Miscarriage was once a taboo topic. But in recent years, more women, including Michelle Obama, Chrissy Teigen, Meghan Markle and Britney Spears, have shared their experiences of miscarriage and pregnancy loss. Their stories fight stigma, normalize the grief that miscarriage brings and help others learn what to say when a someone has a miscarriage.
Until very recently, however, men and miscarriage were rarely discussed. But for women who know they’re pregnant, some estimates say 10% to 15% of all pregnancies end in miscarriage. That means each year, millions of women and men are coping with the pain of the loss of life and the loss of the hopes and dreams they had for their child.
We hope by discussing men and miscarriage grief, we can help more people get the support they need and know they are not alone.
A look at men and miscarriage grief
“While the focus is mainly on the mother, and rightfully so, the man’s feelings must also be validated and supported because he was always a part of the creation process,” says Mykal Manswell, a licensed mental health counselor with Thriveworks. “The man may experience intense feelings such as blame, guilt, anger, confusion and grief.”
Men may not deal with the physical changes after miscarriage, but the loss is just as real. Their complex emotions deserve attention and validation. They also need resources to cope with the loss and their feelings surrounding pregnancy loss.
Both women and men experience a wide range of emotions and reactions to a miscarriage. Research notes that men and miscarriage grief vary, and men might be be balancing their unacknowledged grief while trying to support their partner.
Related: The 5 stages of grief after a miscarriage—and how to deal with them
“Men tend to favor more internal processes,” says Angela Caldwell, a licensed marriage and family therapist and the founder of Caldwell Family Institute.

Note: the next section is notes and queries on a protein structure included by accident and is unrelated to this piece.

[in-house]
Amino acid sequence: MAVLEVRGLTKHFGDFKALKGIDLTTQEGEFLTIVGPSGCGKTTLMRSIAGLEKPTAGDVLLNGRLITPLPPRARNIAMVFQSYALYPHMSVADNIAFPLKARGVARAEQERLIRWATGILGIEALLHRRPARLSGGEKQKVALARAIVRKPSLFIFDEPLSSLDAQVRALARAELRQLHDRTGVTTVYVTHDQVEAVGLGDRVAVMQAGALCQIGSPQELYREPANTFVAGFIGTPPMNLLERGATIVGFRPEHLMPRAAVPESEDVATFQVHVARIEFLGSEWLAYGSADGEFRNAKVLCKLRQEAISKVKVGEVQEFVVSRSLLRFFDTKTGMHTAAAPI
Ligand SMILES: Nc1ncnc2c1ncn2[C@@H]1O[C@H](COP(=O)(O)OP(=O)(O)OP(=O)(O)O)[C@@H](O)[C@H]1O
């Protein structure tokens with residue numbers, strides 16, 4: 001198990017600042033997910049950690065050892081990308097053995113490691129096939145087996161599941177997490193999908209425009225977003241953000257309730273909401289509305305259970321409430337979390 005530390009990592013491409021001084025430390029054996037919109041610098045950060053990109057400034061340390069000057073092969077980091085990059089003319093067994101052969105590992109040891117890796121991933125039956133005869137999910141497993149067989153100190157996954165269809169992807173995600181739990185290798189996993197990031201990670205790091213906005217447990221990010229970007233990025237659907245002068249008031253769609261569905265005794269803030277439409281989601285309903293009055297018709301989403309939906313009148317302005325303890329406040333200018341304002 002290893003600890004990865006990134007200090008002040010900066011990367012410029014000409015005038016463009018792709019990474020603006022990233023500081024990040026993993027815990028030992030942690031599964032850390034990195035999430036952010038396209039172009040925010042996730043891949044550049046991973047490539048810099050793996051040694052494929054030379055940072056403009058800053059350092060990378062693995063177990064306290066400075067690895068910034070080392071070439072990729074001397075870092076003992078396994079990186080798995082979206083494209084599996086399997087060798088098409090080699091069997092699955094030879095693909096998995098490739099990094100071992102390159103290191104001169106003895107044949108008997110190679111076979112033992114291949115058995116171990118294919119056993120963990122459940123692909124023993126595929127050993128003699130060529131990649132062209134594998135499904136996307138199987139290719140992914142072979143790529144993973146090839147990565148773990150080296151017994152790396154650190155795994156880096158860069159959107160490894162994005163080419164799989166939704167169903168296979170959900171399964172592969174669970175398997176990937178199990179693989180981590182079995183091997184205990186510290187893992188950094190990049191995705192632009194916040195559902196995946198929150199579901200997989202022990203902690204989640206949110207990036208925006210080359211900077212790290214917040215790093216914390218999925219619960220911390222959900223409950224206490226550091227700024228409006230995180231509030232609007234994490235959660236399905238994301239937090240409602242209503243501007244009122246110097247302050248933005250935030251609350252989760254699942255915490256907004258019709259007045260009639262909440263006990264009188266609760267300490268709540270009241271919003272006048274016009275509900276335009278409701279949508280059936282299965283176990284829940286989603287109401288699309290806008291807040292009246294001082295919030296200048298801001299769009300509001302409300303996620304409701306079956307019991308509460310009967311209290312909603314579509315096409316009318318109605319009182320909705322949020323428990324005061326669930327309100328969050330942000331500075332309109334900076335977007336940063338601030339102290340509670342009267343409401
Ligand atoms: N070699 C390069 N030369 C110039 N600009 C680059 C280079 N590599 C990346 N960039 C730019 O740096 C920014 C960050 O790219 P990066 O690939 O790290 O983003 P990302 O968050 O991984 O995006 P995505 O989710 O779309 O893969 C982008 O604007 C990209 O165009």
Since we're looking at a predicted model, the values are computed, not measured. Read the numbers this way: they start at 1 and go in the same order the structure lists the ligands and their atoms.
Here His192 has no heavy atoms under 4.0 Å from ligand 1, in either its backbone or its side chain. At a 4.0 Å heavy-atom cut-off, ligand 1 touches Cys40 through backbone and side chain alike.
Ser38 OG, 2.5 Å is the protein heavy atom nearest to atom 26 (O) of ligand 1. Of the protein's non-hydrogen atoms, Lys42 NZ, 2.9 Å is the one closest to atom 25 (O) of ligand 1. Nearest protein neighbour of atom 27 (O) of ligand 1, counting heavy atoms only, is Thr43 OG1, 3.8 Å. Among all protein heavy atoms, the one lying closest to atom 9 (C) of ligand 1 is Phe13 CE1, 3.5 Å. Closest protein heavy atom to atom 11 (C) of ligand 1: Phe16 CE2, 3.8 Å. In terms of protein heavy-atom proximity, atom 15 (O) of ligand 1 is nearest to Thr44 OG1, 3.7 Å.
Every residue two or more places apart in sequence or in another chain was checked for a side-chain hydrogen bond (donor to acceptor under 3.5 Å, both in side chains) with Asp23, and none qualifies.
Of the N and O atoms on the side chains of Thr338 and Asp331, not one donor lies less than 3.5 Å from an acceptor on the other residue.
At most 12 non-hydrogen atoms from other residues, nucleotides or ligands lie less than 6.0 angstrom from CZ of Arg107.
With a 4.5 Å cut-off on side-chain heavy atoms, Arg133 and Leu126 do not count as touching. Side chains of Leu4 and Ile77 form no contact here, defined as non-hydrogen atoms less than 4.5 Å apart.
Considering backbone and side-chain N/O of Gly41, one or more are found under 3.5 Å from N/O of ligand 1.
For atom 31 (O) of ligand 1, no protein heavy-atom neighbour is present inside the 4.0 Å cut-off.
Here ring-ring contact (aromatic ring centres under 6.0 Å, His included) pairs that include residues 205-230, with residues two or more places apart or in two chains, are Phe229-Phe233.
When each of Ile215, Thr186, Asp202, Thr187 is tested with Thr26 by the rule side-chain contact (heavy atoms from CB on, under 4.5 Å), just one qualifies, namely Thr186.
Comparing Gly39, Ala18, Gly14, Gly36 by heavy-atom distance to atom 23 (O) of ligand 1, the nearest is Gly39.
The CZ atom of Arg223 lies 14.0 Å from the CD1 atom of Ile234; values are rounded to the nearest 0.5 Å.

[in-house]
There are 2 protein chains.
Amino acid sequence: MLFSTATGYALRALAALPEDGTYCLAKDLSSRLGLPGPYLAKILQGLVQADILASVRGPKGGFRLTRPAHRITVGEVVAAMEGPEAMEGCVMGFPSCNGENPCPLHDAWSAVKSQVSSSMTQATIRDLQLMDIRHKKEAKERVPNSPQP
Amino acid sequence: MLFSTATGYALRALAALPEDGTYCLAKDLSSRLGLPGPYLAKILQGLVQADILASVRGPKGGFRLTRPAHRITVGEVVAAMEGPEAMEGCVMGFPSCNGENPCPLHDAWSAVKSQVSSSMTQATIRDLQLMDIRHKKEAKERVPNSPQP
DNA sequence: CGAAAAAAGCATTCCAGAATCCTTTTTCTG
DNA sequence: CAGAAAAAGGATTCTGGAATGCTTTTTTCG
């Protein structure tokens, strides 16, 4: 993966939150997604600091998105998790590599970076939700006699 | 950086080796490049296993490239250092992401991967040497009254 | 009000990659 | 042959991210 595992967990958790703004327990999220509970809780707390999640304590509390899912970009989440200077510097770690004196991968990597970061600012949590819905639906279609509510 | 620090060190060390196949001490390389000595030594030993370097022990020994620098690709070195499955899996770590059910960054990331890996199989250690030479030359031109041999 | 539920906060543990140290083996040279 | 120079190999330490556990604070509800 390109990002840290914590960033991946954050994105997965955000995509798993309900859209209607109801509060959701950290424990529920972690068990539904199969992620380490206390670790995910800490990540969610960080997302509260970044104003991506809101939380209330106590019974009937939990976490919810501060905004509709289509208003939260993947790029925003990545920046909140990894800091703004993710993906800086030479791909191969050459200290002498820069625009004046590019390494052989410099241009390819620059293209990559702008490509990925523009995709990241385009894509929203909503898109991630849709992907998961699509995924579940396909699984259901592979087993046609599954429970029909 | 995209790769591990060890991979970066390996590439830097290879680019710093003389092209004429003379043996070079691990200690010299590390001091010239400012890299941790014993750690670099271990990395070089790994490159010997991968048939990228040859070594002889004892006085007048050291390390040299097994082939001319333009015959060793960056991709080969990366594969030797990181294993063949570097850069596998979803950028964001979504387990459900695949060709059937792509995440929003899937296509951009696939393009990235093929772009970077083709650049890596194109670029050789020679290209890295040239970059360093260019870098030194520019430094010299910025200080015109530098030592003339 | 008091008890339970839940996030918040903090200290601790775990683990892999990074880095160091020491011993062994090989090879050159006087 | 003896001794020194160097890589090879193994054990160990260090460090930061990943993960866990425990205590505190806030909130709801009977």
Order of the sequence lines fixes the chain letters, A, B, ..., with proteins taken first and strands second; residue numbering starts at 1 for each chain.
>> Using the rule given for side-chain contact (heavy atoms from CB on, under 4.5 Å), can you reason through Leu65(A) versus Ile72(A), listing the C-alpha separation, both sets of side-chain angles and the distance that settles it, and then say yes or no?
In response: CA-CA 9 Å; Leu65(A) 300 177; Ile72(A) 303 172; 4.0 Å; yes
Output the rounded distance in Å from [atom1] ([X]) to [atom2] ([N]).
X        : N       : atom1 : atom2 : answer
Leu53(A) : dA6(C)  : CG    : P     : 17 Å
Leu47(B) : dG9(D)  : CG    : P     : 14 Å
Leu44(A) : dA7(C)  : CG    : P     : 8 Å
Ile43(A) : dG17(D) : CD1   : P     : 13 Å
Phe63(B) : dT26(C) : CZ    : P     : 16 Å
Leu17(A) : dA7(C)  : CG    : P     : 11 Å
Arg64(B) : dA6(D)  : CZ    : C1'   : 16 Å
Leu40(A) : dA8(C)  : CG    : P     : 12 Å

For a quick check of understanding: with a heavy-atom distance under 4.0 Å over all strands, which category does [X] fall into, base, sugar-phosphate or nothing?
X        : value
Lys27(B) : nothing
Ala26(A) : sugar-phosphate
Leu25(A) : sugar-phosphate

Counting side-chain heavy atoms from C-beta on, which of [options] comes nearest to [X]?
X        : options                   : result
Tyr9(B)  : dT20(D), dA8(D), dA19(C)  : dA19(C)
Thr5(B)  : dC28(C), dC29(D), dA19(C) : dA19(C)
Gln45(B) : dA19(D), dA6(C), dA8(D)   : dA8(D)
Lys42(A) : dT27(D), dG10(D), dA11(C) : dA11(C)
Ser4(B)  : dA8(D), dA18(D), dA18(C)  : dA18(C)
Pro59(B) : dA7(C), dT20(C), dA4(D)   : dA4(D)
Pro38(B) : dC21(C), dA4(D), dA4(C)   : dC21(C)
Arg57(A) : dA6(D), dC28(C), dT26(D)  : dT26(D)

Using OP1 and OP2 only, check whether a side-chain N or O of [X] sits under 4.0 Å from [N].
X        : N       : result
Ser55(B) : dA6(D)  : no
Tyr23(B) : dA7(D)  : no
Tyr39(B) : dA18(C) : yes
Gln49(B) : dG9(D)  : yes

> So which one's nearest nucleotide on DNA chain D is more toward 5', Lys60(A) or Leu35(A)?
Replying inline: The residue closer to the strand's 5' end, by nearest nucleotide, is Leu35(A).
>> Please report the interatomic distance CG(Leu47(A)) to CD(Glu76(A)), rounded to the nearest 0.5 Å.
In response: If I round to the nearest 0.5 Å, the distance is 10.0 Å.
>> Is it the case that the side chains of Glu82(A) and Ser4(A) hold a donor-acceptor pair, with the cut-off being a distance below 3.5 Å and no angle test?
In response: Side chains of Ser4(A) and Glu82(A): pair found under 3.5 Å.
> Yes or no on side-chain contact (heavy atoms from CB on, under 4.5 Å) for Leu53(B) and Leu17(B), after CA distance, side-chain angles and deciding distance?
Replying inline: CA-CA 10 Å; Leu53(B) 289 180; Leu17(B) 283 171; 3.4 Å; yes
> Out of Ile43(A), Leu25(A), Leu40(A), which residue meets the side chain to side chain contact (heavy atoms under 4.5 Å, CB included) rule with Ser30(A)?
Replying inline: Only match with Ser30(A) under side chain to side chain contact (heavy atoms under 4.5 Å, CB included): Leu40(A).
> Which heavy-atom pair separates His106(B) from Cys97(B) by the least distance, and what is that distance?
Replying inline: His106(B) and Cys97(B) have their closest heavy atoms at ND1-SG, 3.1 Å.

“They are more likely to get busy, either with work, around the house, or with extracurricular activities, and typically use that time for private thought or reflection about the experience,” she says. “It’s important for their female partners not to mistake this as ‘checking out’ or otherwise avoiding their grief.”
Experts say that people receive cues on how they should react emotionally from external sources. So if someone grew up in a family where the men didn’t cry, they may have internalized an expectation of manhood that involves holding back their tears.
Or, they might have been told to “man up” when they were teenagers and no longer share as many vulnerable emotions. Finally, some men may have endured a traumatic experience that makes them afraid to express their feelings.
“There seems to be a general misunderstanding that men do not feel the hurt because they’re supposed to be strong,” says Gregorio Lozano, a licensed professional counselor and partner provider for Grow Therapy.
“This can be changed by helping men and society as a whole [understand] that there’s more courage by being able to be vulnerable with their emotions; that rather than a sign of weakness, which is how society has made this out to be, it is actually a sign of courage.”